In so doing, they conflate the struggle of the racialized against the systemic injustices of the state with an institutionalized, managerial, ‘multicultural’ response, ostensibly to racism. This response has always failed to deal with the legacies of race-thinking, as they supplant it with essentialist explanations of minorities as either culturally weak or excessively cultural. Secondly, they concur with the orthodoxy that views multiculturalism as a minority demand for recognition, obscuring the less convenient truth that treating the racialized as culturally distinct and communally divided has weakened and depoliticised the antiracist movement since the 1980s. The ‘official antiracism’ that Mirza identifies as requiring radical criticism is not even antiracist in name since the dissolution of the Commission for Racial Equality. It has been supplanted by a diversity agenda that conforms with the ‘Bennettonization’ of the fight for greater equality. We agree with Mirza’s implicit questioning of a ‘diversity industry’ and of New Labour’s themed multiculturalism as part of the Britain TM moment. However Sara Ahmed has previously nailed the strange assumption that the presence of mediated, cost-free multicultural aspirations is some kind of true reflection of lived realities, particularly when it leads to the argument ‘how can you say you experience racism when we are committed to diversity?’ Continuing to refer to largely ineffectual measures such as diversity training as ‘antiracist’ plays into the hands of a postracial agenda not only by assuming that racism has largely been overcome. It also implicitly contends that it is the racialized that are responsible for any bad feeling against them that may persist, and that residual ‘prejudice’ proves that racism is an individual rather than a societal problem.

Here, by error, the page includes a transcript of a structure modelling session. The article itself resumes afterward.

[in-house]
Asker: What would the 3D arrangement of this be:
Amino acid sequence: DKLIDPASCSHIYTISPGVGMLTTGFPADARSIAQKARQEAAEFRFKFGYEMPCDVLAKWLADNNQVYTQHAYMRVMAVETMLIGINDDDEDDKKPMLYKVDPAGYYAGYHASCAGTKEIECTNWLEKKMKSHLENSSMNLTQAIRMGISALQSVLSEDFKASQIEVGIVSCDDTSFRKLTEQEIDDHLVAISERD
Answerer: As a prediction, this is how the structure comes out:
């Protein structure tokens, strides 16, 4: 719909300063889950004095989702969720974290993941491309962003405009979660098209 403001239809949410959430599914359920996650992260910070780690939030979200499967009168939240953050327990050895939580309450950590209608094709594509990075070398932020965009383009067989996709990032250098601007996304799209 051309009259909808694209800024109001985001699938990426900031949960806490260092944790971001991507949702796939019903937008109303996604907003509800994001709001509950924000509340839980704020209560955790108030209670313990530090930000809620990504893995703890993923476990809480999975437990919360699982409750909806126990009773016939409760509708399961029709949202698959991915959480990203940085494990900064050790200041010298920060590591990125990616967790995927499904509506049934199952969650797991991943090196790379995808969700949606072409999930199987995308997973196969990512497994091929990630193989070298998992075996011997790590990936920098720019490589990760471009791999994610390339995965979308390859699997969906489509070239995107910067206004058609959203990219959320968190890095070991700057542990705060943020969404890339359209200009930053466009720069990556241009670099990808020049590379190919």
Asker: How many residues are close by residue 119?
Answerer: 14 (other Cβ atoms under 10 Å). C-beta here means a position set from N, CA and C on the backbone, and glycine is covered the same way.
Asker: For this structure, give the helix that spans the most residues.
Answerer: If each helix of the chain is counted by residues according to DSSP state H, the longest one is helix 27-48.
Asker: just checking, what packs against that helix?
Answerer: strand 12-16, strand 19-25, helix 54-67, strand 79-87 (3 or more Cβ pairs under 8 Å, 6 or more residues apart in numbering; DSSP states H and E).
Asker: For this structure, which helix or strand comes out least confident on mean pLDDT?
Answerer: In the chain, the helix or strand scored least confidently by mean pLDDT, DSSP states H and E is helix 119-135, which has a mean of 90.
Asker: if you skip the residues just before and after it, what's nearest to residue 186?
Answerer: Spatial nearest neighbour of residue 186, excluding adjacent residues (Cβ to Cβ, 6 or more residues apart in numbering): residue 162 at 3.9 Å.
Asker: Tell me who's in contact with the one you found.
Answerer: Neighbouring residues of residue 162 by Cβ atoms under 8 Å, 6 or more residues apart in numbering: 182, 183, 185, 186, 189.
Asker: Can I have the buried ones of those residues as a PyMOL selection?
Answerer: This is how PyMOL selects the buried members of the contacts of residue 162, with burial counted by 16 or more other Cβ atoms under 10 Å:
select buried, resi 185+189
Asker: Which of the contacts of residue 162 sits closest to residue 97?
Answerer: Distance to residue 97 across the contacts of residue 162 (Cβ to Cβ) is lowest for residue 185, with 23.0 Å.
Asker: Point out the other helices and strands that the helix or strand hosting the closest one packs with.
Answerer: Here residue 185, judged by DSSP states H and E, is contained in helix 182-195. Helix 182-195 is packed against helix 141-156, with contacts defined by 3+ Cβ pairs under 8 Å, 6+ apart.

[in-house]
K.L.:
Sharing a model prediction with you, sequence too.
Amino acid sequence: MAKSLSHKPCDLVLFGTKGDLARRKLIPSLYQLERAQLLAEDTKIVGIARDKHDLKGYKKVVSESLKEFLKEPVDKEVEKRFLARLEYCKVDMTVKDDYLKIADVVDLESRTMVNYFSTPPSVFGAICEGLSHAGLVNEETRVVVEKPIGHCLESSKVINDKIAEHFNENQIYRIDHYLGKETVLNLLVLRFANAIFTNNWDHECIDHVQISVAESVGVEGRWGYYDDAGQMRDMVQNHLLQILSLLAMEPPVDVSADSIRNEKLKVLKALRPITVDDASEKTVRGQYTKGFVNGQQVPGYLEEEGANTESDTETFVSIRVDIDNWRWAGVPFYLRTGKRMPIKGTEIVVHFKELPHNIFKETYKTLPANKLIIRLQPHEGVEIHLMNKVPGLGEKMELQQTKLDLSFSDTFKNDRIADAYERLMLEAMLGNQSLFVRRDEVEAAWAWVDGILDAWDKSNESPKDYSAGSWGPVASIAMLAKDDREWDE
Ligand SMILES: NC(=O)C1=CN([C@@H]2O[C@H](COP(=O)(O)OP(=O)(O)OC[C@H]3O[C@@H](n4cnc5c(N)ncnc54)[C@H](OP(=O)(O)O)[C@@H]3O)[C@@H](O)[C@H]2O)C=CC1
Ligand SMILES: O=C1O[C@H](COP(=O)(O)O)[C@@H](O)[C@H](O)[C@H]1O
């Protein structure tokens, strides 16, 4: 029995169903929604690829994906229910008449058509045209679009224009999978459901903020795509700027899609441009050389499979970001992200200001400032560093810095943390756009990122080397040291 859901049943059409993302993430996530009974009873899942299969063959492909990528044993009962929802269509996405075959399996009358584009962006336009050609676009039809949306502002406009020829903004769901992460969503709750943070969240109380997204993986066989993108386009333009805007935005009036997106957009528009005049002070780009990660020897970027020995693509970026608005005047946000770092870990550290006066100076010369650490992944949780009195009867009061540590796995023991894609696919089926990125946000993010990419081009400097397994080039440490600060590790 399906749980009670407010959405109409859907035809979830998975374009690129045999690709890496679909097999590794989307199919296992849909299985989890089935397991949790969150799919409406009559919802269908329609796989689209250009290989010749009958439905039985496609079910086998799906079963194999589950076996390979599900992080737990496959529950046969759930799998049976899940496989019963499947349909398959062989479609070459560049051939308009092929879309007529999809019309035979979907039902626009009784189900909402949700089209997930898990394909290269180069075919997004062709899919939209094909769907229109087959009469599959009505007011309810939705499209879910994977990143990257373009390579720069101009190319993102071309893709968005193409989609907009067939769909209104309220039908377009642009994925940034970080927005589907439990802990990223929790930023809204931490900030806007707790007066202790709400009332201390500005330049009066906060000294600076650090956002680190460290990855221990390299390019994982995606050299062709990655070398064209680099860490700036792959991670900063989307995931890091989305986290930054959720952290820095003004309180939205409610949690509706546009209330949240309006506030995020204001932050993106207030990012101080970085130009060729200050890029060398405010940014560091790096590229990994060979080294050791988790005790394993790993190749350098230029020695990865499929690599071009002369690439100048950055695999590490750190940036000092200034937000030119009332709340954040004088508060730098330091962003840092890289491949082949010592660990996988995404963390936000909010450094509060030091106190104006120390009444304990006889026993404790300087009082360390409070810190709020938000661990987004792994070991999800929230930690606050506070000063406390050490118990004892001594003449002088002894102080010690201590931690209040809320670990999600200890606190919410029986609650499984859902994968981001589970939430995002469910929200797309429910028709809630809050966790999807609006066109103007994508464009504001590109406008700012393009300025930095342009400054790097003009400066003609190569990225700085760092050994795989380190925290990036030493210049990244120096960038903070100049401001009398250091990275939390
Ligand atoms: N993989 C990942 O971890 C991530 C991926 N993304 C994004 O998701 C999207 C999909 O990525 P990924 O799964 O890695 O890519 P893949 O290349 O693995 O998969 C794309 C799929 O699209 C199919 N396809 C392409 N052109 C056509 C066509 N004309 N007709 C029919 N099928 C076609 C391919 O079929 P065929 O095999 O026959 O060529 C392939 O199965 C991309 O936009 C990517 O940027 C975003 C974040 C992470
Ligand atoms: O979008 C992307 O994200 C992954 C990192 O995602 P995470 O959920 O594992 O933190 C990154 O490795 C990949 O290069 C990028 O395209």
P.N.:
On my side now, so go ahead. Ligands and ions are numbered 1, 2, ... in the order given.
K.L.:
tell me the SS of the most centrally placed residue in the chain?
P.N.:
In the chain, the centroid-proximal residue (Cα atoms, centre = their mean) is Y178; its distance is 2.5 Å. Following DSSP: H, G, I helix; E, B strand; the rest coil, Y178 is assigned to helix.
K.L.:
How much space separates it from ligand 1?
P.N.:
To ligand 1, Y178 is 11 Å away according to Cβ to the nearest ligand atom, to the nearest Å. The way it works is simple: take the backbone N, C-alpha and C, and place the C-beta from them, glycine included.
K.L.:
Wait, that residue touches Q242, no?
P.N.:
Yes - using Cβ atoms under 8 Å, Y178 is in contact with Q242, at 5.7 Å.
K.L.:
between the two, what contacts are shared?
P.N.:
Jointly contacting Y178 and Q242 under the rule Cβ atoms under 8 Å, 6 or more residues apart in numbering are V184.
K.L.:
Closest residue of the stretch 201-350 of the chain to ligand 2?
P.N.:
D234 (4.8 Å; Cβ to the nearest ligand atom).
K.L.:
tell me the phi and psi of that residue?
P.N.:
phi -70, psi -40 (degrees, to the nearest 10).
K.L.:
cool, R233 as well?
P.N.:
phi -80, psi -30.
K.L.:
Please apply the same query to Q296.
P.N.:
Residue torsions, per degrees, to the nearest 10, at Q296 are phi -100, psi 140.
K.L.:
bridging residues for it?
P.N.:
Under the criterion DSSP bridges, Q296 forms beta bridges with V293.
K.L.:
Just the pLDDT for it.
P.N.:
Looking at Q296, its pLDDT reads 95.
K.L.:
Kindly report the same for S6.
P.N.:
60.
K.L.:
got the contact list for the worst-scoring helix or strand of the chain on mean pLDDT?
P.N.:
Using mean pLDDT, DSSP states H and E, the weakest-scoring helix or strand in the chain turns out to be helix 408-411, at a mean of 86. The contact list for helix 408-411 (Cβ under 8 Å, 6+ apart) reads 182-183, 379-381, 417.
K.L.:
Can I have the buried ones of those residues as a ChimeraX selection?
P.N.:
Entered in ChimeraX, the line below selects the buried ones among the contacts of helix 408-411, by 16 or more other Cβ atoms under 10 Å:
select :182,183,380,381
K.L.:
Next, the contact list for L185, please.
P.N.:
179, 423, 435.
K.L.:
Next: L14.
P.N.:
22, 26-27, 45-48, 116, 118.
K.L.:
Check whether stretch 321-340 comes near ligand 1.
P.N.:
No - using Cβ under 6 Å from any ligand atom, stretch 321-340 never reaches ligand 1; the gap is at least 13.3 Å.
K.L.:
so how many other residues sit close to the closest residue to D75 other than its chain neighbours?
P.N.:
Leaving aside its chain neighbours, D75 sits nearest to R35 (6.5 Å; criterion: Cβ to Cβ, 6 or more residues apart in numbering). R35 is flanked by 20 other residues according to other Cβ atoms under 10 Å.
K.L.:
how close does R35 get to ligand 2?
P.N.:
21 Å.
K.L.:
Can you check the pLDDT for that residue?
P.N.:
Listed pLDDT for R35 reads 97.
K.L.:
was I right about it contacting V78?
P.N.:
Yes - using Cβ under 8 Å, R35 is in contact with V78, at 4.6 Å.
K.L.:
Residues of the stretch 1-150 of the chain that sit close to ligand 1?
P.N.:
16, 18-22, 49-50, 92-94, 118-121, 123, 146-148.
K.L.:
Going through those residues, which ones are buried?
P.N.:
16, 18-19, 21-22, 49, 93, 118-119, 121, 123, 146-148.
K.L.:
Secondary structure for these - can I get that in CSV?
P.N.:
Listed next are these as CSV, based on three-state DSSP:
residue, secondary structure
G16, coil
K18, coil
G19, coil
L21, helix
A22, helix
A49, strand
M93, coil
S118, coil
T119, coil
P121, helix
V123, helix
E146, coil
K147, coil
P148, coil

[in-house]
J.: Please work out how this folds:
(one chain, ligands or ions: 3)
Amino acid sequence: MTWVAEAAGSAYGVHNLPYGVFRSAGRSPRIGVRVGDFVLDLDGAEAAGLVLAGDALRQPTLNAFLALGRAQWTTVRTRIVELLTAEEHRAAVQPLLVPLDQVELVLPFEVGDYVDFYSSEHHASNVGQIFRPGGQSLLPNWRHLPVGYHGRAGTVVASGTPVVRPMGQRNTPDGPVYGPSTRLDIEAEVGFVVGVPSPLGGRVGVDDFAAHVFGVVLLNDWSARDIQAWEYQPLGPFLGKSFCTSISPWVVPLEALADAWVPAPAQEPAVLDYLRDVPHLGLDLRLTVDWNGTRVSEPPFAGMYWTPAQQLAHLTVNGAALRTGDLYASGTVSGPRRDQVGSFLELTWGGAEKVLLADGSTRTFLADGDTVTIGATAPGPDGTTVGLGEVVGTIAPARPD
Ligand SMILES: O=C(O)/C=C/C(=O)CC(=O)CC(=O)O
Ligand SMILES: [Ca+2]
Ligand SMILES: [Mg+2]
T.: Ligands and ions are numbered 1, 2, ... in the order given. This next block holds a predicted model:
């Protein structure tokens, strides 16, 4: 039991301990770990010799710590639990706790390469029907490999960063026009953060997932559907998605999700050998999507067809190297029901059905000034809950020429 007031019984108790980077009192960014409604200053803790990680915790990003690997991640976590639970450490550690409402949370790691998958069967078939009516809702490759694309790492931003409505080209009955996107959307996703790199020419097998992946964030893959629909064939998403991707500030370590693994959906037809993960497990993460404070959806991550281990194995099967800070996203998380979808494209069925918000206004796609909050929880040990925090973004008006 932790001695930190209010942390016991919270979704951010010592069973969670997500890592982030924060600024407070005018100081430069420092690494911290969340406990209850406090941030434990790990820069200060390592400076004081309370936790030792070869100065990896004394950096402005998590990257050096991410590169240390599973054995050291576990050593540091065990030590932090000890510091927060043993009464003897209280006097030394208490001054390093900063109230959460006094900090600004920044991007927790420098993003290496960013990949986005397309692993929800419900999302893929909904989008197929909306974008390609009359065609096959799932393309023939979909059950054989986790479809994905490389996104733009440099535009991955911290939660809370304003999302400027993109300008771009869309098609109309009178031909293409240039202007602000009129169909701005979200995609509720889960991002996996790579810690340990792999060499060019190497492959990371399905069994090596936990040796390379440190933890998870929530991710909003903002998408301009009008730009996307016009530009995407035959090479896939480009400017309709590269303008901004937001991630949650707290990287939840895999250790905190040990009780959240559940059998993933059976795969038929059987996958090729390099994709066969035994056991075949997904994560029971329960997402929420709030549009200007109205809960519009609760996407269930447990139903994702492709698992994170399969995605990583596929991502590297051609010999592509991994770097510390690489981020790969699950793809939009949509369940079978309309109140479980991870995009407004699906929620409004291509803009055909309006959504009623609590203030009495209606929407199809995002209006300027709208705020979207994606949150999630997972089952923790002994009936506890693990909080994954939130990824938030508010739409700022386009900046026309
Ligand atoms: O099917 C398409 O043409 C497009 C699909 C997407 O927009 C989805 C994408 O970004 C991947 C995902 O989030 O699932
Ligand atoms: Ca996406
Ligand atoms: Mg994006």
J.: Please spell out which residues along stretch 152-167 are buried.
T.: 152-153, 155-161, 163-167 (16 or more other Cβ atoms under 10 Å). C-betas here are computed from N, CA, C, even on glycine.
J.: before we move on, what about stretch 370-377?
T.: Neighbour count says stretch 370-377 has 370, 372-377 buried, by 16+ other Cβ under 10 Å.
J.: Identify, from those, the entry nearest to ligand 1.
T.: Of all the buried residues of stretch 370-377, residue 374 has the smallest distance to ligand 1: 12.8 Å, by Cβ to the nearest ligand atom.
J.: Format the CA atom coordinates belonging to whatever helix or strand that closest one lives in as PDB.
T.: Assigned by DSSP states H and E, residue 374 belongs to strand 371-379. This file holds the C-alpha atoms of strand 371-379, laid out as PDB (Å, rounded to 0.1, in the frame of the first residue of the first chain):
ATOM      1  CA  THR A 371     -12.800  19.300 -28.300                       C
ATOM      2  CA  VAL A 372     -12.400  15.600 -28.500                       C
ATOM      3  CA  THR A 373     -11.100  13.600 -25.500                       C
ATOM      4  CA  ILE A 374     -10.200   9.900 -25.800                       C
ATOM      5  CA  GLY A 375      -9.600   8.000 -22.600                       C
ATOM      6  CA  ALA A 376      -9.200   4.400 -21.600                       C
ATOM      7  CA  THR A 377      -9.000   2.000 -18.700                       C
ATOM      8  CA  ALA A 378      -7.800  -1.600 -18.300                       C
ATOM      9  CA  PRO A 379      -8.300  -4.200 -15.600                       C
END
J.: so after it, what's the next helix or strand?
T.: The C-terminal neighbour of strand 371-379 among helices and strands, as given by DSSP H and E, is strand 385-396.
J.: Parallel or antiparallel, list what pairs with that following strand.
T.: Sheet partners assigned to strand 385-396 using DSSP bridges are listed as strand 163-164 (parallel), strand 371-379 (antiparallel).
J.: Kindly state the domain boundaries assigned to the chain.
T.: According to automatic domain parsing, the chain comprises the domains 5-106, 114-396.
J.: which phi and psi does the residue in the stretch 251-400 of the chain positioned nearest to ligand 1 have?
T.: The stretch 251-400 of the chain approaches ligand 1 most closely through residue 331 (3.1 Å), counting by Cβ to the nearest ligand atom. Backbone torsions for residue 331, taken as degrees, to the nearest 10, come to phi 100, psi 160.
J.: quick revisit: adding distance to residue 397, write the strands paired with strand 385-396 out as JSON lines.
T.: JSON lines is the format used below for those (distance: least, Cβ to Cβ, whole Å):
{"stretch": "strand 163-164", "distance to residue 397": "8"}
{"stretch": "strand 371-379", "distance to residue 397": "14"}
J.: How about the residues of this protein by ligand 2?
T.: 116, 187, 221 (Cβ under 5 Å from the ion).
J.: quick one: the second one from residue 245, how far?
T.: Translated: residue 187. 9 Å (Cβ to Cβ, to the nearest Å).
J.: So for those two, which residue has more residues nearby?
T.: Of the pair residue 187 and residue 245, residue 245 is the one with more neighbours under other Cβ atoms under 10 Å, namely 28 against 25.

Given this latest rehearsal of familiar themes, it is the responsibility of those of us who remain committed to overturning racism to ask who is served when racism is denied. It is not the exploited migrant workers or the asylum seekers living off vouchers, it is not the children detained for months on end in detention centres such as Yarl’s Wood, it is not the wife of Jimmy Mubenga who died aboard BA flight 77 while being forcibly deported to Angola on October 15, it is not Hicham Yezza, jailed on unfounded terrorist charges and it is not the third generation black and Asian Britons who continue to face ‘heavy handed’ policing, deaths in custody and incarceration at a rate that far exceeds their numbers among the population. As long as there are stories such as these and the countless others that remain unheard and untold, the arguments that editorially frame a publication such as Rethinking Race are corrosive precisely because of their banality.
Alana Lentin (Sussex University) and Gavan Titley (National University of Ireland, Maynooth) are the authors of ‘The Crises of Multiculturalism? Racism in a Neoliberal Era’ forthcoming from Zed Books in 2011.